The exception is her writing on the visual arts: in this volume her re-evaluation of her friend Roger Fry and the “racket and din” of post-impressionism shows her at her best, but her worst is here too in the occasional whiff of the school debating society ( .).This is the sixth and final annotated volume of Woolf’s complete essays, edited (as was volume 5) by Stuart Clarke. “The old problem, how to keep the flight of the mind, yet be exact,” she mused in 1940.
The exception is her writing on the visual arts: in this volume her re-evaluation of her friend Roger Fry and the “racket and din” of post-impressionism shows her at her best, but her worst is here too in the occasional whiff of the school debating society ( .).
After the war, Woolf enthused, hedges would vanish, class hierarchies disappear and everyone stand together on a “common ground” of literature.
The rhetoric may sound passionate, but as an essay does it convince?
Edited by Stuart N Clarke Chatto and Windus/The Hogarth Press, 736pp.
£35 A GOOD ESSAY, Virginia Woolf wrote in 1922, “should draw its curtain around us”, which is a lovely description of the form.
' Rebecca West) This collection shows Woolf's genius as a critic and essayist: as well as displaying her perceptive understanding of writers and their work, it also offers us an important insight into her creative mind.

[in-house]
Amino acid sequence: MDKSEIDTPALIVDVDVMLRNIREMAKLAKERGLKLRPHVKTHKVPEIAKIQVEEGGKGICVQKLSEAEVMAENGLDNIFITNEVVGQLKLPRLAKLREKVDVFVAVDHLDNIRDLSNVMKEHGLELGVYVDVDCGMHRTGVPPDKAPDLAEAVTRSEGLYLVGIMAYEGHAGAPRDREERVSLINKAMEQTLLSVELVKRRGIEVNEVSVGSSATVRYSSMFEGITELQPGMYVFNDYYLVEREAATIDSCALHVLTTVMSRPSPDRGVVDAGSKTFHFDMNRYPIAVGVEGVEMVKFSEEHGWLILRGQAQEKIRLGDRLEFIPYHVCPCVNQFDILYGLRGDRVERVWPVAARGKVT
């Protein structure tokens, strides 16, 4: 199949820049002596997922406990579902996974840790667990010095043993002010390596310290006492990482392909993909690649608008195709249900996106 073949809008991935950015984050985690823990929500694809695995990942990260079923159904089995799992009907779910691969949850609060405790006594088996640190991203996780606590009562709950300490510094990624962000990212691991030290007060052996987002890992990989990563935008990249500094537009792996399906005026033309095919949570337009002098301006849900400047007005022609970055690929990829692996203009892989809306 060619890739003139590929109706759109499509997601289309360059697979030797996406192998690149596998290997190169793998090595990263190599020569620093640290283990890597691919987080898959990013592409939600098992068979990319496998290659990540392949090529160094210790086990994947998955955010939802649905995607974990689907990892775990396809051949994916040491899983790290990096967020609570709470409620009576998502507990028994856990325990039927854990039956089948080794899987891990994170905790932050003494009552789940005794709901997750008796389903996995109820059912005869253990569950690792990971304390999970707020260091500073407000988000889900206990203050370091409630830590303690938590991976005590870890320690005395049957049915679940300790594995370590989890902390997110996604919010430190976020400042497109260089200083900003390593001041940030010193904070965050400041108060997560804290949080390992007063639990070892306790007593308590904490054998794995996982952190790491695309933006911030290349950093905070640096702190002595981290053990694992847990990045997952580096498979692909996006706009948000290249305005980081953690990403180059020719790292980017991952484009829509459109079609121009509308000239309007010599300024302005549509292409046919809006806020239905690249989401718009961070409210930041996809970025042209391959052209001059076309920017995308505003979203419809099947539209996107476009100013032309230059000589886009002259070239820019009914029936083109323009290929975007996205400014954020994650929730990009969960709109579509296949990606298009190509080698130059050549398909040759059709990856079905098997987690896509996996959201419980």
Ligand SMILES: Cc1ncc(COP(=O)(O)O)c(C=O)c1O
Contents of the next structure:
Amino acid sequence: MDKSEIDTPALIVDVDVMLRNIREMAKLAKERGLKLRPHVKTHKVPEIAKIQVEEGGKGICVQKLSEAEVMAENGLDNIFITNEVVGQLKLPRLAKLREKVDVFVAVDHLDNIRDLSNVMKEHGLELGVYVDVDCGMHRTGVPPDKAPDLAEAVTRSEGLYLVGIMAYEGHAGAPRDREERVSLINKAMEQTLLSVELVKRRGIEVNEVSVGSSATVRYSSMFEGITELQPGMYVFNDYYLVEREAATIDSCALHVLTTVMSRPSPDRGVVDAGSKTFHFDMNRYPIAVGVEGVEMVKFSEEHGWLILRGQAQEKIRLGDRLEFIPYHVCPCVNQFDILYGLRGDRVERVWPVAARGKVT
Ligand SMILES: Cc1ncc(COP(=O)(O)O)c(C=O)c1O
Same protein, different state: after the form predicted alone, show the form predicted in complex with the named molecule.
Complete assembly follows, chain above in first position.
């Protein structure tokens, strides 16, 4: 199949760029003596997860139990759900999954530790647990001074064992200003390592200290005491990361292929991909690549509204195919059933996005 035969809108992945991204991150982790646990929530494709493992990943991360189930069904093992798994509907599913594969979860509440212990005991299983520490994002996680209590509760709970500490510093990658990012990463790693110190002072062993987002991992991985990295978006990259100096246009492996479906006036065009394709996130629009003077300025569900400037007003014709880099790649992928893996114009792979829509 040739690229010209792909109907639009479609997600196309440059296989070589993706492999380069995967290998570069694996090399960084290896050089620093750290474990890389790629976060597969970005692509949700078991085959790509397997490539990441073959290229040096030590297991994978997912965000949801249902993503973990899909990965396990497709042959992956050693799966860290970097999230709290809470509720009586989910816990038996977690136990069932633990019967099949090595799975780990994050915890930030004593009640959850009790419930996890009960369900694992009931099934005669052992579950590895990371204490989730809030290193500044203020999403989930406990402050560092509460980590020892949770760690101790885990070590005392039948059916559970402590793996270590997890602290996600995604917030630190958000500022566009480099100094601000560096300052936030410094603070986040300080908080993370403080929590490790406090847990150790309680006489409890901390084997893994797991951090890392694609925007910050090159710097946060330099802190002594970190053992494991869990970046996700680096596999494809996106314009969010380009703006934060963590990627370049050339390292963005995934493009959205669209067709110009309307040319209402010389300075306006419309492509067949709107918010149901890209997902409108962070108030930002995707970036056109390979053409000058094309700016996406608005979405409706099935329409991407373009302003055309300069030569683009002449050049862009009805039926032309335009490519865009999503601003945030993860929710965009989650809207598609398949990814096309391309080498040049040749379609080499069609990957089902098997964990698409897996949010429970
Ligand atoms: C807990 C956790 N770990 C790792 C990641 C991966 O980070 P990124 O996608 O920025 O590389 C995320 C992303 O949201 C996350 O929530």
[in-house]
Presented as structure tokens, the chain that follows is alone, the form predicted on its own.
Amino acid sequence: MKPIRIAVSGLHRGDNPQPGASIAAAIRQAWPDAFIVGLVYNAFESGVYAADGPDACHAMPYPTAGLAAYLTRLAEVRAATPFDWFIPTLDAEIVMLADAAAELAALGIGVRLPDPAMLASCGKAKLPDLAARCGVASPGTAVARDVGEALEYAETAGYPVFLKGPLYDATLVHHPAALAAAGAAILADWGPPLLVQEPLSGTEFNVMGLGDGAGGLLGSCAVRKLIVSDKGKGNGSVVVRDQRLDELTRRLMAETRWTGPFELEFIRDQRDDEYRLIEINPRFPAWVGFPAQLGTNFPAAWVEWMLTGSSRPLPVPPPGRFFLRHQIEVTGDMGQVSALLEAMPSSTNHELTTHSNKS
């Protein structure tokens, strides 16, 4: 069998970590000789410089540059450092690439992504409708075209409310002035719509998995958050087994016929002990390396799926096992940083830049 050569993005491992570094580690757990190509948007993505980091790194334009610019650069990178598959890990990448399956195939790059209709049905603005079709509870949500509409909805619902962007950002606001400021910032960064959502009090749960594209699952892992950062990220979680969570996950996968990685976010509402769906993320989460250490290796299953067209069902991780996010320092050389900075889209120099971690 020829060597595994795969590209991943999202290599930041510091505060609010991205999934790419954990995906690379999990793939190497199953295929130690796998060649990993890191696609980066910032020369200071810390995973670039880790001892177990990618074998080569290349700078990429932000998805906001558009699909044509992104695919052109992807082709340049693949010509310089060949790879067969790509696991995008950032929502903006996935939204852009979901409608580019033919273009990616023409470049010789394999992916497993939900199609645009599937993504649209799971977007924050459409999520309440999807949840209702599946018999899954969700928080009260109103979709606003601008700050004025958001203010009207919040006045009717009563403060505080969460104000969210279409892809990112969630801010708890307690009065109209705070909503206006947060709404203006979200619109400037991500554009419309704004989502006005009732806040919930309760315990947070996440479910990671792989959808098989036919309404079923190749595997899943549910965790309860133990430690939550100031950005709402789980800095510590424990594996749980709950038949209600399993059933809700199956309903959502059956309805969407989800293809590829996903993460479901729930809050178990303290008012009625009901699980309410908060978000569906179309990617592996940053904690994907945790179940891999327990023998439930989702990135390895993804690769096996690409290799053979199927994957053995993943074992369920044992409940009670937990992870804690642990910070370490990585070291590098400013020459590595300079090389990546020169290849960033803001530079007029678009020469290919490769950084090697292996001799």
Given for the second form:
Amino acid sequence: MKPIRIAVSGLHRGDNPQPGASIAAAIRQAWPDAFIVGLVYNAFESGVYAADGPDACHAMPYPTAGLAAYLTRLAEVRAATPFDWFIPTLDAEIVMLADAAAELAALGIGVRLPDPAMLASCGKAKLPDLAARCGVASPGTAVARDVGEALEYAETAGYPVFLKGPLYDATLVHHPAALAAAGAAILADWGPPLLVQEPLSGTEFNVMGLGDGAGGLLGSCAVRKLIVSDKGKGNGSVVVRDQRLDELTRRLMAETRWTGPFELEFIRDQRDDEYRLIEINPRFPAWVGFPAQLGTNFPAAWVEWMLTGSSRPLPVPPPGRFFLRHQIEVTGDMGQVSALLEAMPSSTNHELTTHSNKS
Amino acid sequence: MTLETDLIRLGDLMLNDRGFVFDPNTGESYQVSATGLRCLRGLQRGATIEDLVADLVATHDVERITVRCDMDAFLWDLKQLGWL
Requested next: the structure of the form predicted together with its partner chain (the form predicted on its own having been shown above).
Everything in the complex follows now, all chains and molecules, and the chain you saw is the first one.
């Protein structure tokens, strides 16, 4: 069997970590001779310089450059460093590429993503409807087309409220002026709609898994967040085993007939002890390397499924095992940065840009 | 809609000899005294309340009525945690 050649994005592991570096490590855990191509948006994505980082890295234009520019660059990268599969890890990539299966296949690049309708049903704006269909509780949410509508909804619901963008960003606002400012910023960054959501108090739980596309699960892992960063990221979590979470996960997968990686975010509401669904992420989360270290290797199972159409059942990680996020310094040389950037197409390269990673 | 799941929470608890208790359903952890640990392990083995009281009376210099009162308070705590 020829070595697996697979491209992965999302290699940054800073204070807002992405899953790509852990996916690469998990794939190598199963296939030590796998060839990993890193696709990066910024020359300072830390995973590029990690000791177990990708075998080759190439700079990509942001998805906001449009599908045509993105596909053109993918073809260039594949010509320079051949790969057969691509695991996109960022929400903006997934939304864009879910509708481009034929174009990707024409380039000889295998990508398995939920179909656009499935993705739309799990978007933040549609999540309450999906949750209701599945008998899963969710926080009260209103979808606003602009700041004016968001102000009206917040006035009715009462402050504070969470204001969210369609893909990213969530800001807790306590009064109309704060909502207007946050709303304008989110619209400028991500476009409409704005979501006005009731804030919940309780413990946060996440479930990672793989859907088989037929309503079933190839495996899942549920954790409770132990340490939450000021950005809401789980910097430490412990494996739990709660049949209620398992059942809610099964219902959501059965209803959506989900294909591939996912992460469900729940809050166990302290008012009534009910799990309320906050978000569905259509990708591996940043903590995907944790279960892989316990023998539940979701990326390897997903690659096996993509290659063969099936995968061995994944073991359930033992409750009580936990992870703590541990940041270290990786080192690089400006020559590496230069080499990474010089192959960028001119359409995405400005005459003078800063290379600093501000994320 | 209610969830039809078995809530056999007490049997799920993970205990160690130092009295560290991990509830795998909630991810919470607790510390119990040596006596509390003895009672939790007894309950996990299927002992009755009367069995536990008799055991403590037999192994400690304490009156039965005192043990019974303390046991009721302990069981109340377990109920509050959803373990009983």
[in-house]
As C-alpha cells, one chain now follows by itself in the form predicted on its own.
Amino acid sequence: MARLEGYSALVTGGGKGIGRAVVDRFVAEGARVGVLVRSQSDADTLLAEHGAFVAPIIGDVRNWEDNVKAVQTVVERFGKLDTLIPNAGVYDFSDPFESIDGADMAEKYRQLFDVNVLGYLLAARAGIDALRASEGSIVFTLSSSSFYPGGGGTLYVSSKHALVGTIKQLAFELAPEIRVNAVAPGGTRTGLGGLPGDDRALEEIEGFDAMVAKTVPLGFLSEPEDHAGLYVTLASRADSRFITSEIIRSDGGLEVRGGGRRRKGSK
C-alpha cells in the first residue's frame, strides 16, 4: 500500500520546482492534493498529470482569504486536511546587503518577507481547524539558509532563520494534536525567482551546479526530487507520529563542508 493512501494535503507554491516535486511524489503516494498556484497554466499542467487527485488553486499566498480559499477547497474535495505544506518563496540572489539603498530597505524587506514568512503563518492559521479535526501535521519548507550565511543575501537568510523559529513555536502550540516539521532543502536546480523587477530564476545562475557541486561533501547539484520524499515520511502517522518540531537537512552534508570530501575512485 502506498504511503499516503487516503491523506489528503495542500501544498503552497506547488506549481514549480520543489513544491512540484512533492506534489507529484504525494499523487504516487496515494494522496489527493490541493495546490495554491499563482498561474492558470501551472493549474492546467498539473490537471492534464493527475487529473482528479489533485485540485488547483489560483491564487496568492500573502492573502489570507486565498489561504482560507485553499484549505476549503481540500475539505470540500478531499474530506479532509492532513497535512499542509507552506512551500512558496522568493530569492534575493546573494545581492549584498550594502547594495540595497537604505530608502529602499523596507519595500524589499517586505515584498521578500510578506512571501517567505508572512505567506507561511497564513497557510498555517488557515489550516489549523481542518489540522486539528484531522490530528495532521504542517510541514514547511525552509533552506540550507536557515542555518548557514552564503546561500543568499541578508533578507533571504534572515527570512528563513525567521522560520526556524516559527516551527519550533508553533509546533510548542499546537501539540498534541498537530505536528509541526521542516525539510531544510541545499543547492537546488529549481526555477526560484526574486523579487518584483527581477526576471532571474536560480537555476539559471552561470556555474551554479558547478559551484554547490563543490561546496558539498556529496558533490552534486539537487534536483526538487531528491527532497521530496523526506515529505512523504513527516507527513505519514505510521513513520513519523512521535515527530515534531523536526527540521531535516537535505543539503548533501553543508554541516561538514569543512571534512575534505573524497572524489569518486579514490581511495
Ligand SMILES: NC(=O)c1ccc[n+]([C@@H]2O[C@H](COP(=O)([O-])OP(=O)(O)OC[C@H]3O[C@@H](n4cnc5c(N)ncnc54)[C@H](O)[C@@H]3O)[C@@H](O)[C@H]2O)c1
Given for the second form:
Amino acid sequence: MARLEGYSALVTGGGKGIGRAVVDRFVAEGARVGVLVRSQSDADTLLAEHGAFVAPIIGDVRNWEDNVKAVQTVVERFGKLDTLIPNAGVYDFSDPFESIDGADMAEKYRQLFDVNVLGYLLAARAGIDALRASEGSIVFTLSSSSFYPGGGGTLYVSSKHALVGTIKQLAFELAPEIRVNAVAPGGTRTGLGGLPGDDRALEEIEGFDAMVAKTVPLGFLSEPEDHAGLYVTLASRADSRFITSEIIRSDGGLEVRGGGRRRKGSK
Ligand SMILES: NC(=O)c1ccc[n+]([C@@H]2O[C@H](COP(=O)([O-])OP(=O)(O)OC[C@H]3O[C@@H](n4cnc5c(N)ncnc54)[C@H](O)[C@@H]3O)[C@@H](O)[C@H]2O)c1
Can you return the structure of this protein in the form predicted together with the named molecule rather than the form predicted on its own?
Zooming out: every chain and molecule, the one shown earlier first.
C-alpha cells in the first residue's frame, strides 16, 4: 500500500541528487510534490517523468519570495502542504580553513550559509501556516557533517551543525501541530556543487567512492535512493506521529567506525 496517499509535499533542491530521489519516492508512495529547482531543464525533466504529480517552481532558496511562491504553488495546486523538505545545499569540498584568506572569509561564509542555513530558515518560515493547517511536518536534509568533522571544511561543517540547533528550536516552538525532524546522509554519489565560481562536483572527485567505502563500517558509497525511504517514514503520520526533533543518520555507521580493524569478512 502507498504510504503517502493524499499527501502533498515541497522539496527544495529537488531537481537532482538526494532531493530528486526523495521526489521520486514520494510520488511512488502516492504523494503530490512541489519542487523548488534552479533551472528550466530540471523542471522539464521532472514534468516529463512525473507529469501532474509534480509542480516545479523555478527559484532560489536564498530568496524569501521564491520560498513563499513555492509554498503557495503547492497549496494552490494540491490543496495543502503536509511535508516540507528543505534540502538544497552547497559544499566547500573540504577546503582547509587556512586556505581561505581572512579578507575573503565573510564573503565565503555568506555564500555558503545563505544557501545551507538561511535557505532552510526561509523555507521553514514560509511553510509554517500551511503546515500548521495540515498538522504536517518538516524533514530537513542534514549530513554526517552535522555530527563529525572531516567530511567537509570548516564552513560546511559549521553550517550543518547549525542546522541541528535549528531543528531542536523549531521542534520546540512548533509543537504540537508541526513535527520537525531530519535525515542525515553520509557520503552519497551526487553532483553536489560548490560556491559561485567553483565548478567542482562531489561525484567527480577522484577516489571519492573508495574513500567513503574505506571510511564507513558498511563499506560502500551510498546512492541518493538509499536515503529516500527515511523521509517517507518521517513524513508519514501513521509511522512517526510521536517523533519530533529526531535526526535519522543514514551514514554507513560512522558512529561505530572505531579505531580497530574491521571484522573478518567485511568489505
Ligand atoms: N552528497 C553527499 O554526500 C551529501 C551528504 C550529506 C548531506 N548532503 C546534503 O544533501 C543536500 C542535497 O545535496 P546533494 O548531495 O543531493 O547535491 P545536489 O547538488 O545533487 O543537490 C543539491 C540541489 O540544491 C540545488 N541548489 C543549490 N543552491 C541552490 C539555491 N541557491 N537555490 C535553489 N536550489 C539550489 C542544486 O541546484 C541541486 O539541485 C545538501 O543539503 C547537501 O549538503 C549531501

Continuing the work of former editor Andrew Mc Neillie, Stuart N.She also maintained an astonishing output of literary criticism, short fiction, journalism and biography.On 28 March 1941, a few months before the publication of her final novel, Between the Acts, Virginia Woolf committed suicide.Her essays informed her fiction, and vice versa; this volume shows her thinking about the possibility of poeticising the novel (The Waves was the result) and in some of these pieces ('Women and Fiction', 'Women and Leisure') she considers the relationship between women, writing and society - the preoccupation that would become such a large part of her legacy.The Common Reader: Second Series comprises a significant part of this volume - it was first published in 1932 to excellent reviews. They are sensitive, acute, picturesque, humorous, and yet severe.' Vita Sackville-West; 'Is there anybody writing anywhere in the world at this moment who could surpass the essay..beautifully moulded into a form appropriate to its content that what is an authentic critical masterpiece seems as light on the mind as a song?She rarely matched the best of her contemporaries: George Orwell, with his seamless connections carrying the reader cheerfully along all kinds of unexpected routes, or Rebecca West, with her journalist’s eye for a winning phrase.More conscientious than either of these, Woolf too often simply overwrote, lumbering herself with verbiage she didn’t really need.The change is evident in pieces that highlight new fractures in Woolf’s “democratic highbrow” position, particularly published in the autumn of 1940.Based on an address to the Workers’ Educational Association, this essay should have been her swansong, with its utopian vision of cultural egalitarianism in a brave new postwar world and of England’s literary aristocracy shedding at last its “sidelong, self-centred, squinting” habits of style.It covers the 1930s, a decade in which Woolf wrote fewer essays while worrying more about to write them. As in her later novels, from Why then, might this volume be more important than its predecessors?The answer lies in the historical context of the work.